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‘Things are looking up for Baguio and me’

By Angela Casco

When a highly-infectious disease results in an outbreak and a lockdown, it’s easy to get caught up in all the bad that comes with it, the continuous rise of coronavirus disease 2019 (Covid-19) cases, lack of medical facilities and supplies, hurting businesses, zero income for many, and general unpreparedness for such a life-altering strain of coronavirus.

For Mia Magdalena Longid, however, nothing is worse than the virus itself.

Weeks prior, she and three other friends have raised a total of P350,000 to buy personal protective equipment for frontline workers through singing and dancing on TikTok. Through this initiative, they were able to help seven hospitals, a quarantine center, and countless checkpoints in five waves of PPE distribution.

During the last day of distribution at a Baguio hospital on April 20, however, Mia handed a box of PPE to a doctor, who—much like Grab Doctors—has been visiting different hospitals to help distribute donations using an authorized pass. Three days ago, though, the medical personnel said she tested positive for Covid-19 and that she was asymptomatic. Mia was automatically listed as one of her contacts.

While some Baguio residents were out for a quick grocery run, Mia was outside for a Covid-19 test. It was on her way home after getting her samples taken that she saw what she later included in her now-viral Facebook post—tactile pavings.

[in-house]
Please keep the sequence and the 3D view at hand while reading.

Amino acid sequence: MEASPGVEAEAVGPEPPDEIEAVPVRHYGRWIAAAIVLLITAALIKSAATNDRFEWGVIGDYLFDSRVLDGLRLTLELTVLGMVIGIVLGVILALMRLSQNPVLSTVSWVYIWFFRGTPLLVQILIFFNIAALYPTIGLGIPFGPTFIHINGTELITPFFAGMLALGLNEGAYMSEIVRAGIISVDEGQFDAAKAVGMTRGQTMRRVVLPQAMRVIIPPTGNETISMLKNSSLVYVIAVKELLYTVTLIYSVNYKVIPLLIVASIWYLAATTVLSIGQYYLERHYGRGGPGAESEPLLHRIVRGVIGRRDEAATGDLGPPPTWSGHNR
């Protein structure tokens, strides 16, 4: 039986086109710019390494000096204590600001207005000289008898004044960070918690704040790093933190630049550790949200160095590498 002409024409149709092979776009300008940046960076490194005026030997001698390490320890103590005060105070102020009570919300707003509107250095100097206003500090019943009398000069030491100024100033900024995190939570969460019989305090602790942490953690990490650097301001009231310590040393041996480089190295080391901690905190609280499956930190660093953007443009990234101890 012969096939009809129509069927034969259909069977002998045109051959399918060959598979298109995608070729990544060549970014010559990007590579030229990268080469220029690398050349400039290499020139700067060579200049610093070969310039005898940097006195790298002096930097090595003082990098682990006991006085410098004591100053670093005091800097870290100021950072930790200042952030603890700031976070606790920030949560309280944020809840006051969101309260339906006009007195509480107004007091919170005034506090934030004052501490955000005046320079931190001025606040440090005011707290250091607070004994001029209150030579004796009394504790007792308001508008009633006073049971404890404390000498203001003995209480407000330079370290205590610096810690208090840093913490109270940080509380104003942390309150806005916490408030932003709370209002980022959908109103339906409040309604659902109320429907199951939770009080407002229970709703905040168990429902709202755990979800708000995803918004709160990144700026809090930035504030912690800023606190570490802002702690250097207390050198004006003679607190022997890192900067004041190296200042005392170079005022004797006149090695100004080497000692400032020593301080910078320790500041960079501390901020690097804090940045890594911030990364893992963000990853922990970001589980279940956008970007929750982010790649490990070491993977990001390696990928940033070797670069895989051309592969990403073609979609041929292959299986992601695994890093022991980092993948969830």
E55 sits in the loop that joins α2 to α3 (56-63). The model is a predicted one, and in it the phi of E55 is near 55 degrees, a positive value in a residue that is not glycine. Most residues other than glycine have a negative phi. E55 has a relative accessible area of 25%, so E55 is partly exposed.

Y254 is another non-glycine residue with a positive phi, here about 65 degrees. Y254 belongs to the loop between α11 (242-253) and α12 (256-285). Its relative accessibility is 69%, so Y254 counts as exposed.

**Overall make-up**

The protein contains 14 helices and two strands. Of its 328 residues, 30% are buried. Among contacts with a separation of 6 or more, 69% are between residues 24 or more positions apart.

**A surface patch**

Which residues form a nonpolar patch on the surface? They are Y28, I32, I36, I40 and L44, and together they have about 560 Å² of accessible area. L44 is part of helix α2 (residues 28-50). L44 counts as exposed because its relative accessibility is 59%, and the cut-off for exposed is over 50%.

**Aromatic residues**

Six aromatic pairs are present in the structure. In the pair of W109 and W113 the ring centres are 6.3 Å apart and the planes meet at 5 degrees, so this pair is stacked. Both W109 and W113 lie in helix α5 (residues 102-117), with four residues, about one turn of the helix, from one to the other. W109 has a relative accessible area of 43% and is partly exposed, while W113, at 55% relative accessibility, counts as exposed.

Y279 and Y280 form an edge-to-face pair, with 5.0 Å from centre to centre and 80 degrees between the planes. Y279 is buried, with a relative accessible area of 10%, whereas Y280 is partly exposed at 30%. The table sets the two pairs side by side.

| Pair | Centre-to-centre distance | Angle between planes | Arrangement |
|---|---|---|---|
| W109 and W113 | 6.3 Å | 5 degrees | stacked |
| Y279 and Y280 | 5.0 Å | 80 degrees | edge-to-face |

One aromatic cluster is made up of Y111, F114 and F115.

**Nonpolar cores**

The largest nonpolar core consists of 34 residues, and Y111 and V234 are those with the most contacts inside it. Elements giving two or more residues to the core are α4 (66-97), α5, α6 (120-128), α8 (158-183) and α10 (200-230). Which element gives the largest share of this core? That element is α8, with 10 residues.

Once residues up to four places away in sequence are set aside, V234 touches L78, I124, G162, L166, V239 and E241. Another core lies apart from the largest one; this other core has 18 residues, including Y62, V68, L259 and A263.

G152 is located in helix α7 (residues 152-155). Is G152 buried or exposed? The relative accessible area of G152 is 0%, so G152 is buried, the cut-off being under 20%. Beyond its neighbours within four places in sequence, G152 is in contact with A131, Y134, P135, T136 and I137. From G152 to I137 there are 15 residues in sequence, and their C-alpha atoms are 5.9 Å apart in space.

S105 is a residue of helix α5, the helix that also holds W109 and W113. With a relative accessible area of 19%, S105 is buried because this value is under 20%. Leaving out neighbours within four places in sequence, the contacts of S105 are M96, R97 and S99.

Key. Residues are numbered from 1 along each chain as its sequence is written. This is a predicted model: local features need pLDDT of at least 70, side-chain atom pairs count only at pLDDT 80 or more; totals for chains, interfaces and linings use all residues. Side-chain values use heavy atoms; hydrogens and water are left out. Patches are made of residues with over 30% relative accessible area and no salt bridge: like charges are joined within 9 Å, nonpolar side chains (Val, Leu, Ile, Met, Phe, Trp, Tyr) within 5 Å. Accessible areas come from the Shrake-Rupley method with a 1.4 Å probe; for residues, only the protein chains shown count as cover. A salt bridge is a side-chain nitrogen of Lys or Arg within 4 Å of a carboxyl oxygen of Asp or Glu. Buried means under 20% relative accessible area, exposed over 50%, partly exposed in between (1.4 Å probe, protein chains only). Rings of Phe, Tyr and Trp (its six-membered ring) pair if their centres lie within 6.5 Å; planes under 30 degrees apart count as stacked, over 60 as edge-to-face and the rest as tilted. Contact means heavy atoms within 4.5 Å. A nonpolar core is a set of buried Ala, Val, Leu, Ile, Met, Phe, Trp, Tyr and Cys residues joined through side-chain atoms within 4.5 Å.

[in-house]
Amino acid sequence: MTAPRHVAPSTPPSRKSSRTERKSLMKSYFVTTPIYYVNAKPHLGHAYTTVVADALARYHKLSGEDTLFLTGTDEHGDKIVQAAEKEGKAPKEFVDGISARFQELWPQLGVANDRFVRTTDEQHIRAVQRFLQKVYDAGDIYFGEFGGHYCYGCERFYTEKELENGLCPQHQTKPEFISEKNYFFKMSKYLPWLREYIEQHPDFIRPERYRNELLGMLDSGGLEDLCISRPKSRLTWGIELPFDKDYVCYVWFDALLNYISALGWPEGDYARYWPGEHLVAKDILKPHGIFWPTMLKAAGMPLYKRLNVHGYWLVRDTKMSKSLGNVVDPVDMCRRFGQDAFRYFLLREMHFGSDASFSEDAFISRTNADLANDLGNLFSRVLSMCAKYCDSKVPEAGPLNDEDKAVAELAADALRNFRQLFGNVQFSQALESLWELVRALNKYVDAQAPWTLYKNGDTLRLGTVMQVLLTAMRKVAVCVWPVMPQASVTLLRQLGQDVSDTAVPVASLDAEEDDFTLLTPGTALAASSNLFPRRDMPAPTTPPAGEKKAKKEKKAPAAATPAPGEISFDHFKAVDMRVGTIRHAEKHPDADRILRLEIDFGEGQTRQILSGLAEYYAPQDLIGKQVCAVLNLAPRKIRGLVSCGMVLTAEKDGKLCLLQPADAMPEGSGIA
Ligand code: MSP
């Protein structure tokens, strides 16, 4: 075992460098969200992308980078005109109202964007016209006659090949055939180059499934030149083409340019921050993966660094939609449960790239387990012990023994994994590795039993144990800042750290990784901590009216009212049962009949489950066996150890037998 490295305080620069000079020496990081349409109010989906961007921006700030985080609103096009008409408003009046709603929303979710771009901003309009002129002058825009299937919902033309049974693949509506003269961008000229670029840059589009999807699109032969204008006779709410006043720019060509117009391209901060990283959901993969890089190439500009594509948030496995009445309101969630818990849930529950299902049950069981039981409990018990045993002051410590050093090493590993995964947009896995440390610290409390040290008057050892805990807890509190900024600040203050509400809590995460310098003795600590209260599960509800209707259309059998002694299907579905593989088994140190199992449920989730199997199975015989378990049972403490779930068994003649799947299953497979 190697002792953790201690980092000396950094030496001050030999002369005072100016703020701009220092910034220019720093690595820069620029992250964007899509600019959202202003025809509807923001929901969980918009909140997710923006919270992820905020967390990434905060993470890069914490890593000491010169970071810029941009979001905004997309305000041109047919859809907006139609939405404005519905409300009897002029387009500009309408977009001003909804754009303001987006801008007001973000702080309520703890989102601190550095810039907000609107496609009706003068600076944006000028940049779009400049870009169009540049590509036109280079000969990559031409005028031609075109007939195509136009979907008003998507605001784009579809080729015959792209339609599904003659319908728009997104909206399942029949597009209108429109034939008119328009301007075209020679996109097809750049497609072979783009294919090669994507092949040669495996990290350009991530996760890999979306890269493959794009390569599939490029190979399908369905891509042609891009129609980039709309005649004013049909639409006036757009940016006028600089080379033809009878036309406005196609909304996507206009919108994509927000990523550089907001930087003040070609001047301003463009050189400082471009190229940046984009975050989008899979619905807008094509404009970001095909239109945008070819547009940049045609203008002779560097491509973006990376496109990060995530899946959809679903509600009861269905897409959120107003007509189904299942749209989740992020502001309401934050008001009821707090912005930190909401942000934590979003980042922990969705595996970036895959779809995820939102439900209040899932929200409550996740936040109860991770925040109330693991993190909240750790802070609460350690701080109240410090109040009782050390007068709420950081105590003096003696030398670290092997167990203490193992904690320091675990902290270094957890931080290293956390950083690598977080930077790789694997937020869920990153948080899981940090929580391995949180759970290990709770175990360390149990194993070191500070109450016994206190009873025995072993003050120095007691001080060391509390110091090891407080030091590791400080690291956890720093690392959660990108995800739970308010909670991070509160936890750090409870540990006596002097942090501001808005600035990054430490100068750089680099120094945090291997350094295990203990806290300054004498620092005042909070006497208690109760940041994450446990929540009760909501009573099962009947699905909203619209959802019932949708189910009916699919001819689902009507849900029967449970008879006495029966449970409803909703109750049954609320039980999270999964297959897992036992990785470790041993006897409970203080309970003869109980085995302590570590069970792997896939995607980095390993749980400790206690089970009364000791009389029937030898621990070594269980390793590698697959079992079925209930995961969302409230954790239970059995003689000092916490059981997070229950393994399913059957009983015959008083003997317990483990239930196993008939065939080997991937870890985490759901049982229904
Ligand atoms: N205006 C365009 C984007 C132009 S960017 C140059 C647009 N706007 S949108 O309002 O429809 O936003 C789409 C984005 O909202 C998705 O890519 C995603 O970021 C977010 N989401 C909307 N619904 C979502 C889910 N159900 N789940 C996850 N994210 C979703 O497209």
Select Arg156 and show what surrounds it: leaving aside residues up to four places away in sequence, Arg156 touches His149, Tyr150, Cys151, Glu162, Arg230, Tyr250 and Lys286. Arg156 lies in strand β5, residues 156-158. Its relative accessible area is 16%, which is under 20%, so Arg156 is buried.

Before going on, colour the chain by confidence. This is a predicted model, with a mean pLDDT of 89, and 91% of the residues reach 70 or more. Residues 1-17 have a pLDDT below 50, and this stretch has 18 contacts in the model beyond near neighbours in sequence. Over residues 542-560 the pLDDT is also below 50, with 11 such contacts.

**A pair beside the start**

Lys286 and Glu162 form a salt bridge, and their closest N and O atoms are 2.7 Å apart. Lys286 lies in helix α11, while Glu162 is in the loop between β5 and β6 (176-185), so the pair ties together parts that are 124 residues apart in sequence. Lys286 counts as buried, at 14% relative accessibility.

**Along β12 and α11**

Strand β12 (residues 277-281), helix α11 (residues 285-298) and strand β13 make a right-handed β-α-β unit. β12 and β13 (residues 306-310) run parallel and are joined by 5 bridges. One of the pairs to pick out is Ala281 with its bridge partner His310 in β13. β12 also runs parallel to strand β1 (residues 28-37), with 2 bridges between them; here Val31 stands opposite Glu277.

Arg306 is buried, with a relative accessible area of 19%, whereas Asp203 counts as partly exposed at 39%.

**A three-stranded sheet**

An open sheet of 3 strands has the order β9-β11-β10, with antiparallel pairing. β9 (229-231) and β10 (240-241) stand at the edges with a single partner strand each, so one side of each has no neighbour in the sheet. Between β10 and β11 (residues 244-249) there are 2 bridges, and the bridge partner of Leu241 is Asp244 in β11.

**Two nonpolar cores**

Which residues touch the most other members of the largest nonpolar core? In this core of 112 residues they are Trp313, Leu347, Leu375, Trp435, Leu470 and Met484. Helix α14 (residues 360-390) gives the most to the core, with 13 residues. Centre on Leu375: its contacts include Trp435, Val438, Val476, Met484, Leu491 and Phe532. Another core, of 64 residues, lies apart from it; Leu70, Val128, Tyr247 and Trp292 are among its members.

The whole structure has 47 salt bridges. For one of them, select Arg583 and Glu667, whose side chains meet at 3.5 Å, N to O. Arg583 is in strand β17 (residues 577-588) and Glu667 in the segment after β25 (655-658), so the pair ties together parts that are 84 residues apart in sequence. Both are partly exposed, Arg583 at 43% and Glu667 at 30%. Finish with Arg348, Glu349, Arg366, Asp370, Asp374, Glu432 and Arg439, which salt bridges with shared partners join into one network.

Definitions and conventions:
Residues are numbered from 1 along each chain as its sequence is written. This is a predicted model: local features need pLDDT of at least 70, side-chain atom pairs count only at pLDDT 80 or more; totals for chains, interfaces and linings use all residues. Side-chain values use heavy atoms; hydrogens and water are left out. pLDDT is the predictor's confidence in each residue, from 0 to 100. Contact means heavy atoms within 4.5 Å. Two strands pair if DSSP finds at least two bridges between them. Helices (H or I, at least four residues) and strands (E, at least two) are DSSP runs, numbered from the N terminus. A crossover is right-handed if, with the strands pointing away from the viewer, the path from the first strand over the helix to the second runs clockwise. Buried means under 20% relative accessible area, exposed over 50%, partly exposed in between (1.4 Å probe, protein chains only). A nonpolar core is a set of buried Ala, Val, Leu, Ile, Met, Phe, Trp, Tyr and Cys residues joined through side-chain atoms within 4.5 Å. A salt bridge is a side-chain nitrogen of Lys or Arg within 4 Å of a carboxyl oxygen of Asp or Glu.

“I took the photo while walking from the Baguio Health Center on my way home. I had to go there for testing as I had come into contact with a confirmed case. I was a low risk individual but I was anxious during my walk,” she told Manila Bulletin Lifestyle. “It was a pleasant surprise seeing the tiles.”

Tactile pavings, also called Tenji blocks, among other names, are textured, brightly-colored indicators that guide the visually impaired. These are usually found on sidewalks, at train stations and bus stations, and in other public places.

Featured Image Baguio

It comes in four patterns, each with a different meaning: tiles with embossed flat-topped blisters in a square pattern indicate that there is a road crossing; tiles with offset blisters indicate that there is a train platform ahead or that there is a sudden level change; tiles with ‘across’ stripes, also called corduroy hazard warning tiles, show that there are stairs or other hurdles ahead; and tiles with ‘along’ lines indicate safety ahead.

“They are a big help,” Mia said. “Tactile indicators act not only as a physical change in texture for blind pedestrians, but also as a visual change for pedestrians that have low-vision, color-blindness, or failing sight.”

When asked if the tactile pavings were new to the city, Mia said as far as she knew, installation in the area began November last year and was put on hold because of the enhanced community quarantine. The tactile paving she saw was near Saint Louis University and stretched for about a kilometer.

As she continued her walk home, Mia said she looked forward to more tiles being installed after ECQ.

For now, she said she’s grateful for another bit of good news.

“I found out that my results were negative,” she said. “Things are looking up for Baguio and me.”

Source: Manila Bulletin (

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